2) Space Station Robot Fitted With Satellite Deployer | Animation," April 6, 2014, URL: http://www.space.com/25837-upgraded-space-shuttle-pumpkin-suit-tested-for-asteroid-mission-eva-video.html
3) Daniel R. Newswander, James P. Smith, Craig R. Lamb, Perry G. Ballard, "Space Station Integrated Kinetic Launcher for Orbital Payload Systems (SSIKLOPS) – Cyclops," Proceedings of the 27th AIAA/USU Conference, Small Satellite Constellations, Logan, Utah, USA, Aug. 10-15, 2013, paper: SSC13-V-2, URL: http://digitalcommons.usu.edu/cgi/viewcontent.cgi?article=2941&context=smallsat
5) Daniel Newswander, James Smith, Craig Lamb, Perry Ballard, "Update on Progress of SSIKLOPS (Space Station Integrated Kinetic Launcher for Orbital Payload Systems) – Cyclops," Proceedings of the AIAA/USU Conference on Small Satellites, Logan, Utah, USA, August 2-7, 2014 , paper: SSC14-P3-1, URL: http://digitalcommons.usu.edu/cgi/viewcontent.cgi?filename=0&article=3121&context=smallsat&type=additional
6) "SpaceX CRS-4 Mission," NASA Press Kit, Sept. 2014, URL: http://www.nasa.gov/sites/default/files/files/SpaceX_NASA_CRS-4_PressKit.pdf
7) "With SpinSat Mission, NRL Will Spin Small Satellite in Space with New Thruster Technology," NRL, Sept. 18, 2014, URL: http://www.nrl.navy.mil/media/news-releases/2014/with-spinsat-mission-nrl-will-spin-small-satellite-in-space-with-new-thruster-technology
8) Patrick Blau, "Dragon SpX-4 Cargo Overview," Spaceflight 101, URL: http://www.spaceflight101.com/dragon-spx-4-cargo-overview.html
9) Benjamin Romano, "Planetary Resources Inks 3D Systems Deal, Plans Test Launch From ISS," June 26, 2013, URL: http://www.xconomy.com/seattle/2013/06/26/planetary-resources-inks-3d-systems-deal-plans-test-launch-from-iss/
10) Daniel R. Newswander, James P. Smith, Craig R. Lamb, Perry G. Ballard, "Space Station Integrated Kinetic Launcher for Orbital Payload Systems (SSIKLOPS) – Cyclops," Proceedings of the 27th AIAA/USU Conference, Small Satellite Constellations, Logan, Utah, USA, Aug. 10-15, 2013, paper: SSC13-V-2, URL: http://digitalcommons.usu.edu/cgi/viewcontent.cgi?article=2941&context=smallsat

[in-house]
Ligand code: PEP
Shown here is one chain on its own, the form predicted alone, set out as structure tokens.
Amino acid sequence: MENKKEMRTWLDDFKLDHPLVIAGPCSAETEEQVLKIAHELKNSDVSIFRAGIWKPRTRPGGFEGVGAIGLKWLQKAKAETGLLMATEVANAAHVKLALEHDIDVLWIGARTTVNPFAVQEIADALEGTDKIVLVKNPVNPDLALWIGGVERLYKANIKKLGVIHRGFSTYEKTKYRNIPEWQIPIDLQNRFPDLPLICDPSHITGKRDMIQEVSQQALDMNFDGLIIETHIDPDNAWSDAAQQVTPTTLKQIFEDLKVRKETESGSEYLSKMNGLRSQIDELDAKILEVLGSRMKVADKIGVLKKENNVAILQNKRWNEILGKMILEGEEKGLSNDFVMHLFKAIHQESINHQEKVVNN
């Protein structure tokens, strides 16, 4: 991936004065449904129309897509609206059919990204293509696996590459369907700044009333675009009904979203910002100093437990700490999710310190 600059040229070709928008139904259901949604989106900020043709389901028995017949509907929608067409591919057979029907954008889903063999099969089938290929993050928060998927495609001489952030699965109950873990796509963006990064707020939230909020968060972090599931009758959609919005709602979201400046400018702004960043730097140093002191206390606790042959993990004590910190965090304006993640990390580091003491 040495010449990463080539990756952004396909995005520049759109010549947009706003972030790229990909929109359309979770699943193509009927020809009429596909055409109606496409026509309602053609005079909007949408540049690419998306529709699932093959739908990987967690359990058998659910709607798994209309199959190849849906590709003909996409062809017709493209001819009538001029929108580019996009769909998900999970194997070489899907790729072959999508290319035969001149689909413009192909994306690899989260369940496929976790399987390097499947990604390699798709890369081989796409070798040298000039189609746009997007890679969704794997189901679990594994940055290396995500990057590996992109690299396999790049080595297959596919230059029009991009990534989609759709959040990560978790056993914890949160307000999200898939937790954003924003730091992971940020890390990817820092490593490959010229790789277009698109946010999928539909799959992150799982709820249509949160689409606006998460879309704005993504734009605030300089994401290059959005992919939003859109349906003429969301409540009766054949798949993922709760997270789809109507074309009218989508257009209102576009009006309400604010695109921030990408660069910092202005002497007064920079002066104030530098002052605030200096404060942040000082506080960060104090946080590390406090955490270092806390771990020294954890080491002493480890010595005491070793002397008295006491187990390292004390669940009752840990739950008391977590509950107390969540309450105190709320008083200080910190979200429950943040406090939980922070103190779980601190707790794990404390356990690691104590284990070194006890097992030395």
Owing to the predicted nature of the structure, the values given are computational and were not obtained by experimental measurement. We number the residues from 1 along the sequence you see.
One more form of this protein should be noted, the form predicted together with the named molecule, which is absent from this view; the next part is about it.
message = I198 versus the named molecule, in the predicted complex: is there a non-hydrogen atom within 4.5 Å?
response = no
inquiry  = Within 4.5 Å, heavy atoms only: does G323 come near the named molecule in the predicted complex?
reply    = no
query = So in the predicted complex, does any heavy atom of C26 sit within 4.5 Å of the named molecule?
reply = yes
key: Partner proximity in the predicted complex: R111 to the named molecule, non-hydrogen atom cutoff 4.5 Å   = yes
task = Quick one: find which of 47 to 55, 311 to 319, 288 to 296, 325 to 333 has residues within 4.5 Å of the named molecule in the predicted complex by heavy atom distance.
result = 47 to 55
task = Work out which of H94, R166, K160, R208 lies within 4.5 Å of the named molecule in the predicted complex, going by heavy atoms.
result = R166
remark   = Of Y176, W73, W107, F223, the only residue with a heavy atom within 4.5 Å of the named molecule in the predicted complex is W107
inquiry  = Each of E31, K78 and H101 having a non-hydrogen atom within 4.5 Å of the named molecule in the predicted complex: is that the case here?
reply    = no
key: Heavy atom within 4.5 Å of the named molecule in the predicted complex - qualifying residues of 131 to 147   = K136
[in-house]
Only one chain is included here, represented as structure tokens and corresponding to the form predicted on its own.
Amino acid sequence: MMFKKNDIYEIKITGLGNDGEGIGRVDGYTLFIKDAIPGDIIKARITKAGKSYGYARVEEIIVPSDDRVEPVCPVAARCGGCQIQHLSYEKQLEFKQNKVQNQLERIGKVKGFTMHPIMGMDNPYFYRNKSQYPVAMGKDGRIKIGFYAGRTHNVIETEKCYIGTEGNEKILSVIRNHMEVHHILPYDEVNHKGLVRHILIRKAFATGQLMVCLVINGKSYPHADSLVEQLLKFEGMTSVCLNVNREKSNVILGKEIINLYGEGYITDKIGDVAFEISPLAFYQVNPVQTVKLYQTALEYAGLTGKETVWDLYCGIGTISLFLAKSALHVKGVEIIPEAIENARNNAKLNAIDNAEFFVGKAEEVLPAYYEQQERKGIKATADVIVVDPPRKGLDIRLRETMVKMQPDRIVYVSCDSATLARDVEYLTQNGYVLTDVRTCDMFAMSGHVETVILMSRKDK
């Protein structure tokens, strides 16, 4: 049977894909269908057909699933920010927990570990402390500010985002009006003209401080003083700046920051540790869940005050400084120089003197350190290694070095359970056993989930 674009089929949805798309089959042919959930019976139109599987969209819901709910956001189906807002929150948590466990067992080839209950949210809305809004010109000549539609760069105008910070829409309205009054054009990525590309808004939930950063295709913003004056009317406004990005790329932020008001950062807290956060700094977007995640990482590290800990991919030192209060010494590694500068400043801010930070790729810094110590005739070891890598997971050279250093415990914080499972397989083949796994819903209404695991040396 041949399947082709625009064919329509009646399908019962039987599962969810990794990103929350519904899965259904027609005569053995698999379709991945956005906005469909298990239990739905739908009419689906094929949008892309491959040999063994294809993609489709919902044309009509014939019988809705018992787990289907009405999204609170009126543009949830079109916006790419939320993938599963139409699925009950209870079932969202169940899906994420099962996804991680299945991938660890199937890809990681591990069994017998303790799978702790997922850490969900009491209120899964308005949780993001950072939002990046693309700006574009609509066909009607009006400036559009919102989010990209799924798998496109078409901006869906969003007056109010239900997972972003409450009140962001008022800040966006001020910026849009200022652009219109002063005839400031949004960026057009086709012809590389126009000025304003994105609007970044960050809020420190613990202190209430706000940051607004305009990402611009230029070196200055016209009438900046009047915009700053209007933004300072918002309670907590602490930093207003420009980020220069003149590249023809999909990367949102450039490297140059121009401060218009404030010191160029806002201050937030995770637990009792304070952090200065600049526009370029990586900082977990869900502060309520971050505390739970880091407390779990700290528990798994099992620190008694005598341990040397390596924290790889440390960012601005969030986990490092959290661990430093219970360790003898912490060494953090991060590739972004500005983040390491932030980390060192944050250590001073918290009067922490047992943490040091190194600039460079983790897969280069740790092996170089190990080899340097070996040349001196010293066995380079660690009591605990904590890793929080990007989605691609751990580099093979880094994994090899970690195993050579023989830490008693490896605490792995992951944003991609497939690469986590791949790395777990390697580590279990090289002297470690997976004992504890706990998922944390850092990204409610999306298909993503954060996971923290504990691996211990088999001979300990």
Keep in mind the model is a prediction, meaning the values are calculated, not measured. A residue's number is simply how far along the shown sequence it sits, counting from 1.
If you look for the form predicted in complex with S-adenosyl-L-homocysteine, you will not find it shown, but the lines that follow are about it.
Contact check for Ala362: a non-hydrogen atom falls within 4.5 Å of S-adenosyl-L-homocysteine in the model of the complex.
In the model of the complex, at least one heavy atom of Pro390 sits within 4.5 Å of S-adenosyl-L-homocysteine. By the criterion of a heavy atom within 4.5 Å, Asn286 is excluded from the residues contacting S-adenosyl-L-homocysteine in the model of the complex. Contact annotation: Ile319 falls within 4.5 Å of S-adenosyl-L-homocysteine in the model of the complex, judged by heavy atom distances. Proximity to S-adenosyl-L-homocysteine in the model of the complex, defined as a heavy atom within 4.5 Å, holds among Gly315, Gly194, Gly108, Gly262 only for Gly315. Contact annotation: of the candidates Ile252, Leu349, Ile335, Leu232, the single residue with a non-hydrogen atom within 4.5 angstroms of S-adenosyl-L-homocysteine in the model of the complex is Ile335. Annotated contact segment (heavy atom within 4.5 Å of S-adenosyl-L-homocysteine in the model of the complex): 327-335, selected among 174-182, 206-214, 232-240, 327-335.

11) "Space Station Astronauts Launch SpinSat; NRL Starts Getting Data," NRL News, URL: http://www.nrl.navy.mil/media/news-releases/2015/space-station-astronauts-launch-spinsat-nrl-starts-getting-data
12) Matthew P. Hershey, Daniel R. Newswander, James P. Smith, Craig R. Lamb, Perry G. Ballard, "Paving the Way for Small Satellite Access to Orbit: Cyclops' Deployment of SpinSat, the Largest Satellite ever Deployed from the International Space Station," Proceedings of the 29th Annual AIAA/USU Conference on Small Satellites, Logan, Utah, USA, August 8-13, 2014, paper: SSC15-II-6, URL: http://digitalcommons.usu.edu/cgi/viewcontent.cgi?article=3175&context=smallsat
15) "Kibo Handbook," JAXA, September 2007, URL: http://iss.jaxa.jp/kibo/library/fact/data/kibo-handbook_en.pdf
16) "Japanese Style Contribution on the International Space Station," MEXT, 57th session of the Committee on the Peaceful Uses of Outer Space, Vienna, 18 June 2014, URL: http://www.unoosa.org/pdf/pres/copuos2014/tech-23.pdf
17) Lori Keith, "CubeSats in Orbit After Historic Space Station Deployment, NASA, October 12, 2012, URL: http://www.nasa-usa.de/mission_pages/station/research/news/j_ssod.html
19) Testimony of Mr. Jeffrey Manber Managing Director, NanoRacks LLC before the Senate Committee on Commerce, Science and Transportation Subcommittee on Science and Space, April 9, 2014, URL: http://www.hq.nasa.gov/legislative/hearings/4-9-2014%20MANBER.pdf
20) "NanoRacks CubeSat Deployer (NRCSD) Interface Control Document," NRCSD ICD, Dec. 10, 2013, URL: http://nanoracks.com/wp-content/uploads/Current_edition_of_Interface_Document_for_CubeSat_Customers.pdf
The information compiled and edited in this article was provided by Herbert J. Kramer from his documentation of: "Observation of the Earth and Its Environment: Survey of Missions and Sensors" (Springer Verlag) as well as many other sources after the publication of the 4th edition in 2002. - Comments and corrections to this article are always welcome for further updates (firstname.lastname@example.org).